TB in the United States

Tuberculosis in the United States

U.S. TB incidence increased during 2022, compared with that during 2020 and 2021, but remained lower than incidence during the prepandemic years; after a substantial 20.2% decline in 2020 and partial rebound (9.8% increase) in 2021, incidence appears to be returning to prepandemic levels among U.S.-born and non–U.S.-born populations.

During 2022, 8,300 TB cases were reported in the United States, compared with 7,874 during 2021. TB incidence during 2022 increased slightly to 2.5 per 100,000 persons, compared with 2.4 during 2021. Consistent with previous years (1), in 2022, California reported the highest number of TB cases (1,843) and Alaska reported the highest TB incidence (13.1)

COVID-19–associated mortality was high among persons aged ≥65 years, which might account, in part, for the lower TB incidence observed among that population. Even though the decrease in TB incidence was small, reduction of the population aged ≥65 years at risk for TB might have similar effects on TB incidence in future years.

The increase in TB incidence among children aged ≤4 years might represent both recent transmission in the United States and infection in countries with higher TB incidence. An analysis of TB incidence among indigenous persons during 2009–2019 found a higher prevalence of underlying chronic medical conditions, and TB incidence was at least 10 times higher among AI/AN and NH/OPI persons than among White persons. These factors likely contributed to the higher TB incidence in these populations in this report. Among non–U.S.-born persons with TB, the higher proportion reported <1 year after arrival in the United States might reflect greater migration from higher TB incidence areas than what existed at the beginning of the pandemic.

Although preventing TB transmission in the United States remains a priority, >80% of U.S. TB cases are attributed to reactivation of LTBI. To achieve TB elimination in the United States, the U.S. Preventive Services Task Force recommends testing and treatment among populations at higher risk for LTBI, including non–U.S.-born persons and persons in congregate living settings.

To treat LTBI, CDC recommends short-course (3- or 4-month), rifamycin-based regimens. Shorter regimens are also available to treat TB: in 2022, CDC recommended a 4-month treatment regimen for drug-susceptible pulmonary TB as an alternative to the standard 6-month regimen (6). Shorter treatment durations improve treatment adherence and completion.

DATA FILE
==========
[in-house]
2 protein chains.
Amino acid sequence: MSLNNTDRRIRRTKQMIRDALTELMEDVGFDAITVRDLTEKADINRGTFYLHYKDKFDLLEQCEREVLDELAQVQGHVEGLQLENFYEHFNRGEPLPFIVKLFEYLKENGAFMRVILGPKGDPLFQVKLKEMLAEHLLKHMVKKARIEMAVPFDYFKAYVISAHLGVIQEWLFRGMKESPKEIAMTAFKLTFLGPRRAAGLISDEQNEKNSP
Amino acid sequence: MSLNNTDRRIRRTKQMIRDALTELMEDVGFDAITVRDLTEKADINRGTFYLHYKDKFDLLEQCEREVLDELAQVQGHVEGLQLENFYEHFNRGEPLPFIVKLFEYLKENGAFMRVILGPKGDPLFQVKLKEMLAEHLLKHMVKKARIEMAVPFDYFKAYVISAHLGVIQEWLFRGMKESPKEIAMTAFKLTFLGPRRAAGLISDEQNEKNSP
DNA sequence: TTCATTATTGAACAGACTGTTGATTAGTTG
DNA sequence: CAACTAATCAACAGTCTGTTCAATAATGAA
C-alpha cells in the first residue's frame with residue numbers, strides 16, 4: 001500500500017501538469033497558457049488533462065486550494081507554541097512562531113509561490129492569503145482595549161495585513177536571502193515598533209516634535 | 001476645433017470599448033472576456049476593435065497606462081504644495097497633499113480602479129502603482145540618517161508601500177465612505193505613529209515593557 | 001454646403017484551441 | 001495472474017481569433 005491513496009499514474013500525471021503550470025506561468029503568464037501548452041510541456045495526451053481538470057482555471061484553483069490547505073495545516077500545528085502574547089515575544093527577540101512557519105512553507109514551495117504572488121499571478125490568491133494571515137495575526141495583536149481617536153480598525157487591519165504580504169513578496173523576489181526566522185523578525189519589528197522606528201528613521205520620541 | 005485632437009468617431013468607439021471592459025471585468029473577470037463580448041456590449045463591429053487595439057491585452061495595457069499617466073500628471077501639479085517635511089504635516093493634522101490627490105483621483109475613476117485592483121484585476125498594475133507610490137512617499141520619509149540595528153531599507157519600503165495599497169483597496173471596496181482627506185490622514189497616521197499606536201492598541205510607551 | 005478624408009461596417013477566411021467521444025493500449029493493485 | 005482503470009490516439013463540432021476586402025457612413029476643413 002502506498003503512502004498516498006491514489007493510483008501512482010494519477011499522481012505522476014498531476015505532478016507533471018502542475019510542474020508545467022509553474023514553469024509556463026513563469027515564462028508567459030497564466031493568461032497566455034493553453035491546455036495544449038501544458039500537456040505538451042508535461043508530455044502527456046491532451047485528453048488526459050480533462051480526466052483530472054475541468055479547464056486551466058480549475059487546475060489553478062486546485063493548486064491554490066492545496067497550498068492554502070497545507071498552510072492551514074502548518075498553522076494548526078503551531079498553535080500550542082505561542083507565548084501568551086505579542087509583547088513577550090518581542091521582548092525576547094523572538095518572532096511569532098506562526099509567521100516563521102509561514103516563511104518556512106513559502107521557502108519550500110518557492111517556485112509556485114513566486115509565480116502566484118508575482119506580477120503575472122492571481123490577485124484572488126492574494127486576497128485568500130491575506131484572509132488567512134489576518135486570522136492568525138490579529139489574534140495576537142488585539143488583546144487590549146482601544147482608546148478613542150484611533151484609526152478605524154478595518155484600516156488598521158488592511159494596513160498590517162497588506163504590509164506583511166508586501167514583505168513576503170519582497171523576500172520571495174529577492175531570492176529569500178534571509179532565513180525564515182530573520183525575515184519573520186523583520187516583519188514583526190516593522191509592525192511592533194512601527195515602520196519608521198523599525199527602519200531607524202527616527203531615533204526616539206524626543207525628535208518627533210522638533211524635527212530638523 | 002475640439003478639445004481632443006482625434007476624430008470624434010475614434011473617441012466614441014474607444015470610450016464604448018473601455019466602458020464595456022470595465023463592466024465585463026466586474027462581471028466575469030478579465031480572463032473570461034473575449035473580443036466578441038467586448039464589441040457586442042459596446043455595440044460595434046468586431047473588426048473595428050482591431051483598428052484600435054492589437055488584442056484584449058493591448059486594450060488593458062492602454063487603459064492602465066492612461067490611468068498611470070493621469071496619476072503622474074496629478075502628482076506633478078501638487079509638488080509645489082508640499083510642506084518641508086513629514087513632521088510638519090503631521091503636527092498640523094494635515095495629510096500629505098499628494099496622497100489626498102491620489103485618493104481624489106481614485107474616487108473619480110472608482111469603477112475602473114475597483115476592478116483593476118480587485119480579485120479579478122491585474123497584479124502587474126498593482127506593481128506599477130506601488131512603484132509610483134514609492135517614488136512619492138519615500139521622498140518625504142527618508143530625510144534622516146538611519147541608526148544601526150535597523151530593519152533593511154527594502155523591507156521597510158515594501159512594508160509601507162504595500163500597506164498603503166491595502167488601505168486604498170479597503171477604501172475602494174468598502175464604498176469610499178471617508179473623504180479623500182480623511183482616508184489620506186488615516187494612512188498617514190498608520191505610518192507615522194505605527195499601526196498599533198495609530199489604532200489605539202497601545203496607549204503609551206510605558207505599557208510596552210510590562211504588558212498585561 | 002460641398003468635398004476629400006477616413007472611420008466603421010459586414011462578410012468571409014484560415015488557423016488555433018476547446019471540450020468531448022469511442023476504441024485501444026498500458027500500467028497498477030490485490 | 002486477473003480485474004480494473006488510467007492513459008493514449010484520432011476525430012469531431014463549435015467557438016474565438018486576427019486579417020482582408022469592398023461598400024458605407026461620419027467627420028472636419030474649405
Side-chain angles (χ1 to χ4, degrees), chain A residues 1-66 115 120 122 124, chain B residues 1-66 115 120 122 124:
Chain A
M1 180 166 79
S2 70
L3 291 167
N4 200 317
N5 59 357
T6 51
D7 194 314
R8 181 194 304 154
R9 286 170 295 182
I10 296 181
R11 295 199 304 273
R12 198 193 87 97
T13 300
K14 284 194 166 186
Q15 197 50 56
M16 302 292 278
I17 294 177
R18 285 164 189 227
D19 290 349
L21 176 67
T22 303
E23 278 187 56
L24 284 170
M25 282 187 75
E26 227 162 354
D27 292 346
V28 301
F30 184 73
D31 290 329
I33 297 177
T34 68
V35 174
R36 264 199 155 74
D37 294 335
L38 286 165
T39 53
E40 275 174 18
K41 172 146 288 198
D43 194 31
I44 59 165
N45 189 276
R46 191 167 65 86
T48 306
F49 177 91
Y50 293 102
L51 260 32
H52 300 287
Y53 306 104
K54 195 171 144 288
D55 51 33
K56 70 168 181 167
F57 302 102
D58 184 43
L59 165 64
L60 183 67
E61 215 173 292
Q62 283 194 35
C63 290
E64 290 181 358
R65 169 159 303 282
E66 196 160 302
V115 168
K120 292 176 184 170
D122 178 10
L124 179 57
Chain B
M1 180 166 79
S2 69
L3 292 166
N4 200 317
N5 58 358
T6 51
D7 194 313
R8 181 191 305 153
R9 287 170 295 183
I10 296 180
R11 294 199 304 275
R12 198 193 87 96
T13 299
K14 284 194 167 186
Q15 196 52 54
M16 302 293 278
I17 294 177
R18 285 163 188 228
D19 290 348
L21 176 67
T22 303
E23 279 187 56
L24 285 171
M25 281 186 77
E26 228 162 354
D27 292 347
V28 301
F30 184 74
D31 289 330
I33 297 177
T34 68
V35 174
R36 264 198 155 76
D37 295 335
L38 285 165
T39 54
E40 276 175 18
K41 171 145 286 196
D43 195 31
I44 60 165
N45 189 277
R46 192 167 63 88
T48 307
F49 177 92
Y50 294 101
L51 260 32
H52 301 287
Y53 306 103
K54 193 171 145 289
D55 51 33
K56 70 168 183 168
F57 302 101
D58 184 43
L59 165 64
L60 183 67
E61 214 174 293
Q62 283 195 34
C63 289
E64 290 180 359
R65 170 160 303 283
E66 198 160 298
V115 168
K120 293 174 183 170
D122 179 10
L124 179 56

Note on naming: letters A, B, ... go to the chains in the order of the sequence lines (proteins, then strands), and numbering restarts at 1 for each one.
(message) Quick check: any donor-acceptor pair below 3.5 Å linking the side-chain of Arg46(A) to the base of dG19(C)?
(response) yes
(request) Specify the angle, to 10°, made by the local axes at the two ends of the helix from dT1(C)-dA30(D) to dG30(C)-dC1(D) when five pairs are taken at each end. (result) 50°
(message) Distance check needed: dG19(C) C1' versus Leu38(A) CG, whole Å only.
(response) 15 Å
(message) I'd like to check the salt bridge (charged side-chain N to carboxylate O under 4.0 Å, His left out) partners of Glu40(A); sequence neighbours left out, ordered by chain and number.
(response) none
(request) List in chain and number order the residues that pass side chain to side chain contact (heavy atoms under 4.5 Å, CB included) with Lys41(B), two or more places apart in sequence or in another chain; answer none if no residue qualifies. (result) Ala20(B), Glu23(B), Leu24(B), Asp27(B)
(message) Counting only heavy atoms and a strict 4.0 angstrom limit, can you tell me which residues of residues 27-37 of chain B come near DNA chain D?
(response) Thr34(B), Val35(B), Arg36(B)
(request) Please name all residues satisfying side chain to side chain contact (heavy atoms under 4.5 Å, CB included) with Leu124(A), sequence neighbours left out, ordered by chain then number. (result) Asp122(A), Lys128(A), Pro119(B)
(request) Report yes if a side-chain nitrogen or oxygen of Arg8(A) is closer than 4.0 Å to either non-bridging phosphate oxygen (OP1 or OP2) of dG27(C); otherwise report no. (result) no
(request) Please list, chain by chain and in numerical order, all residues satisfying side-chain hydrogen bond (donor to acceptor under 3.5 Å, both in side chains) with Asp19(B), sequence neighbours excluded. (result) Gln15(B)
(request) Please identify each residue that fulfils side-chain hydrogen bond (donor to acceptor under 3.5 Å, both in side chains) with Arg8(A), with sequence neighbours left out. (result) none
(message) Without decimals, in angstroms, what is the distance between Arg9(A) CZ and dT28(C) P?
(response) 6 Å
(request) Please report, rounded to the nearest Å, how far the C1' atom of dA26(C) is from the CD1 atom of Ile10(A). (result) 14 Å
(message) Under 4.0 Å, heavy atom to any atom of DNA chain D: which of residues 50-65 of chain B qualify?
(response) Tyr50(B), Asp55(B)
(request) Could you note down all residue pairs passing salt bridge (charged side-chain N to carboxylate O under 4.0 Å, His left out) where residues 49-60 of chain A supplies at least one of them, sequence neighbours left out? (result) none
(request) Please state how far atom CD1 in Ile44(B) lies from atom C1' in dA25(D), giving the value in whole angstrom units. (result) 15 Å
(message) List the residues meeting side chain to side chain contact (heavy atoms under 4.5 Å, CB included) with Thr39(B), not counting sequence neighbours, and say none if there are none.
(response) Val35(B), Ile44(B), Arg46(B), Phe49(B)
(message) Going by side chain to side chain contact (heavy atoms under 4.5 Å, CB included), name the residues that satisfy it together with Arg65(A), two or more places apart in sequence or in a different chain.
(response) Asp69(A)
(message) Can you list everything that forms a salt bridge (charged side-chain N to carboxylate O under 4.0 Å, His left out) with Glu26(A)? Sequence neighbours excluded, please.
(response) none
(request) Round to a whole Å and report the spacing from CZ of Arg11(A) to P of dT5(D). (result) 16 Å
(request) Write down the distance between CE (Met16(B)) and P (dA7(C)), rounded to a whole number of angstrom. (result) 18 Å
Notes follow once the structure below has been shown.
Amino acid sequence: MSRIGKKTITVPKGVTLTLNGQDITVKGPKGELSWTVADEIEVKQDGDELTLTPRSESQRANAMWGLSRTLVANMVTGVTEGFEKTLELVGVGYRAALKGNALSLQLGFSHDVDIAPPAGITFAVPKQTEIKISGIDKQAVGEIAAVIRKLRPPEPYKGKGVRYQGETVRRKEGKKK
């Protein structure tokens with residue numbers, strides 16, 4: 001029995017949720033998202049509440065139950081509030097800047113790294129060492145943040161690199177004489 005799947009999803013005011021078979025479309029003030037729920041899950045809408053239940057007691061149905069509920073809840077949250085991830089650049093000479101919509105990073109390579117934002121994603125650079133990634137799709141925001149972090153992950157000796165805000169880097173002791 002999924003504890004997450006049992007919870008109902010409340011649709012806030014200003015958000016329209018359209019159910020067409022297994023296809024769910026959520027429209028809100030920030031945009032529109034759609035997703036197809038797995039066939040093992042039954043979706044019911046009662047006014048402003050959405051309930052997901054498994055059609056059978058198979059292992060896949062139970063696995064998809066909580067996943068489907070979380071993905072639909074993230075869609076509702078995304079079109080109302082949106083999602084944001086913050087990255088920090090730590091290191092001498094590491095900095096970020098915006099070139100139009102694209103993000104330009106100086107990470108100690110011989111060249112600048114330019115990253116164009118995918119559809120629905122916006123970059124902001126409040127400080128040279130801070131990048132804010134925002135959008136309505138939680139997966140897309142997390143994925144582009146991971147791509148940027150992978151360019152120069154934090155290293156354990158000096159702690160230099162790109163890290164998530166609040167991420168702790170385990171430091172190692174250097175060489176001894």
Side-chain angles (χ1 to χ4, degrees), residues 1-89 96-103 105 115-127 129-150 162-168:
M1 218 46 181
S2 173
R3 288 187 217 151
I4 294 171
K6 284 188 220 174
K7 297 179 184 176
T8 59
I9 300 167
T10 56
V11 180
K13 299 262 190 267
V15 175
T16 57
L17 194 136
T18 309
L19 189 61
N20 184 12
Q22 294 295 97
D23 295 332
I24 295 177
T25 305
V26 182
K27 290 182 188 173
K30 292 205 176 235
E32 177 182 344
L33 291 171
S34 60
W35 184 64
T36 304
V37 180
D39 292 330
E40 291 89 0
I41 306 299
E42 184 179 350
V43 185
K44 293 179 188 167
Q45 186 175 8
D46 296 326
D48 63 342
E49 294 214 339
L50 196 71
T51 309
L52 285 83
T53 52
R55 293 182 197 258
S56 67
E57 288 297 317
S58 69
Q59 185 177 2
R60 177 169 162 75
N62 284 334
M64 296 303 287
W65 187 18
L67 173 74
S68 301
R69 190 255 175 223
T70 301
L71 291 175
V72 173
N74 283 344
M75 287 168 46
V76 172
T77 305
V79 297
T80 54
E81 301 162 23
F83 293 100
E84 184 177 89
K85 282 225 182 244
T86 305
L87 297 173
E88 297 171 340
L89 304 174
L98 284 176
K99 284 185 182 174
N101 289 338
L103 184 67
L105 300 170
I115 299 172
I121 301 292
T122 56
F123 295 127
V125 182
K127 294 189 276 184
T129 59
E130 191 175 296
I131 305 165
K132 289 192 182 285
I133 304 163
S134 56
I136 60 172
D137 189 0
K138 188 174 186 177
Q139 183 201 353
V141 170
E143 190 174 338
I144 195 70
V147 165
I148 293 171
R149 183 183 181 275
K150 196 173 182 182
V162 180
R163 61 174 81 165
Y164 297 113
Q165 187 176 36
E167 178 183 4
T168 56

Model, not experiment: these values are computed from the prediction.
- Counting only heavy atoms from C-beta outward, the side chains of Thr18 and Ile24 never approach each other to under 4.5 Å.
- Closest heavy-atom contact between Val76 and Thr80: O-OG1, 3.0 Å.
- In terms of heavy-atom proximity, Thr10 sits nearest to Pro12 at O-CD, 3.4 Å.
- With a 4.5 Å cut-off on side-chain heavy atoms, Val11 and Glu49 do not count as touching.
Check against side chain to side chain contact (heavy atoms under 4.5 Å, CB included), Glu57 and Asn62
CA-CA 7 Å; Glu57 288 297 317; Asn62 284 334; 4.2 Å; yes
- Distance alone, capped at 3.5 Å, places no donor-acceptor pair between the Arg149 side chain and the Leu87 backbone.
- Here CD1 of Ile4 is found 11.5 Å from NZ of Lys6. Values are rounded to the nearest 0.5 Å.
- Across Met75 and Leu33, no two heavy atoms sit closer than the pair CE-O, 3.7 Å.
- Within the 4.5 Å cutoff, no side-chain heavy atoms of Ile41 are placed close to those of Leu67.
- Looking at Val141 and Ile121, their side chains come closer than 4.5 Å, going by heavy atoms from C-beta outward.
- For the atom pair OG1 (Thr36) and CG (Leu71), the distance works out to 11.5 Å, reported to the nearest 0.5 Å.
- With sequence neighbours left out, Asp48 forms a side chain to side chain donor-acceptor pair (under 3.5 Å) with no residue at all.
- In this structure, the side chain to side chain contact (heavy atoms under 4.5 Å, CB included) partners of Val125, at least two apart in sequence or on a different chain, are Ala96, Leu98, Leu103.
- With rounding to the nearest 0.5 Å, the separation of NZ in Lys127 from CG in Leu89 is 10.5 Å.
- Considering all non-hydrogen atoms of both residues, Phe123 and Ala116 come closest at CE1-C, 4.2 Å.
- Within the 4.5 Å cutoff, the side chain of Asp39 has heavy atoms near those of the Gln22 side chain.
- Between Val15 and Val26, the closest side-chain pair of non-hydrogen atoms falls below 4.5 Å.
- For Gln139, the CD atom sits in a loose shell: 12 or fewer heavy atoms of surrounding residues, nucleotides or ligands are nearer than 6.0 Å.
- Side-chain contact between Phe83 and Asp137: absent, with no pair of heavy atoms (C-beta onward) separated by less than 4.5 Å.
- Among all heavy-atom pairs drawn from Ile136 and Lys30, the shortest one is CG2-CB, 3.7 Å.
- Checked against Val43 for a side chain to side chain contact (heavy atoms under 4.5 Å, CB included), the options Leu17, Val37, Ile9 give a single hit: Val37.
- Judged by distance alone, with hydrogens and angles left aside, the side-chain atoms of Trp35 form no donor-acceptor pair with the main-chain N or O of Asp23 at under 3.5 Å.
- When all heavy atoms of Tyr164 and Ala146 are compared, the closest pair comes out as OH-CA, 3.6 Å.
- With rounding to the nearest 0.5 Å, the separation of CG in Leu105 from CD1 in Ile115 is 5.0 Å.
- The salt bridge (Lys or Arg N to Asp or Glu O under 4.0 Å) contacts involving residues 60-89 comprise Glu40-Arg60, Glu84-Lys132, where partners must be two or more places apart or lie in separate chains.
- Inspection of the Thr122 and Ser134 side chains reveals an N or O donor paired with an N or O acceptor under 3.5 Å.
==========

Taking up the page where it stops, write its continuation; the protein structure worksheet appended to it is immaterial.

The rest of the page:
TB Outbreak 2023 (Tissue Transplant Associated)

On July 7, 2023, a state health department notified CDC that an otherwise healthy adult experienced symptoms of meningitis 5 weeks after spinal fusion surgery that incorporated a bone allograft product containing live cells; Mycobacterium tuberculosis was identified in the cerebrospinal fluid.

On July 11, a different state health department notified CDC of a patient with a persistent surgical site infection after a laminectomy that appeared to have used a similar product; drainage from the surgical site tested positive for acid-fast bacilli, and a nucleic acid amplification test confirmed the presence of M. tuberculosis. When reporting these cases to their respective public health authorities, the clinicians caring for these two patients independently noted similarities to the 2021 outbreak and asked that CDC investigate.

After receiving the first case report, CDC notified the Food and Drug Administration (FDA) and requested that the tissue establishment* quarantine (i.e., store and prohibit use of) any remaining tissue from this donor (i.e., same product lot). On July 11, the tissue establishment quarantined the 53 units that had not yet been distributed and provided a list of all health care facilities that had purchased tissue units from that lot. Eight hospitals and five dental offices in seven states (California, Louisiana, Michigan, New York, Oregon, Texas, and Virginia) received a total of 50 bone allograft units from this product lot during February 27–June 20, 2023.

This second nationwide TB outbreak in 2023 was detected when clinicians in two states recognized similarities to the 2021 outbreak and reported their concerns to their respective health departments, thereby initiating a rapid public health response that prevented as many as 53 additional surgical procedures with the implicated bone allograft material. Before the 2021 TB outbreak, which involved 113 recipients in 18 states, bone allograft–related M. tuberculosis transmission had last been reported in the United Kingdom in 1953.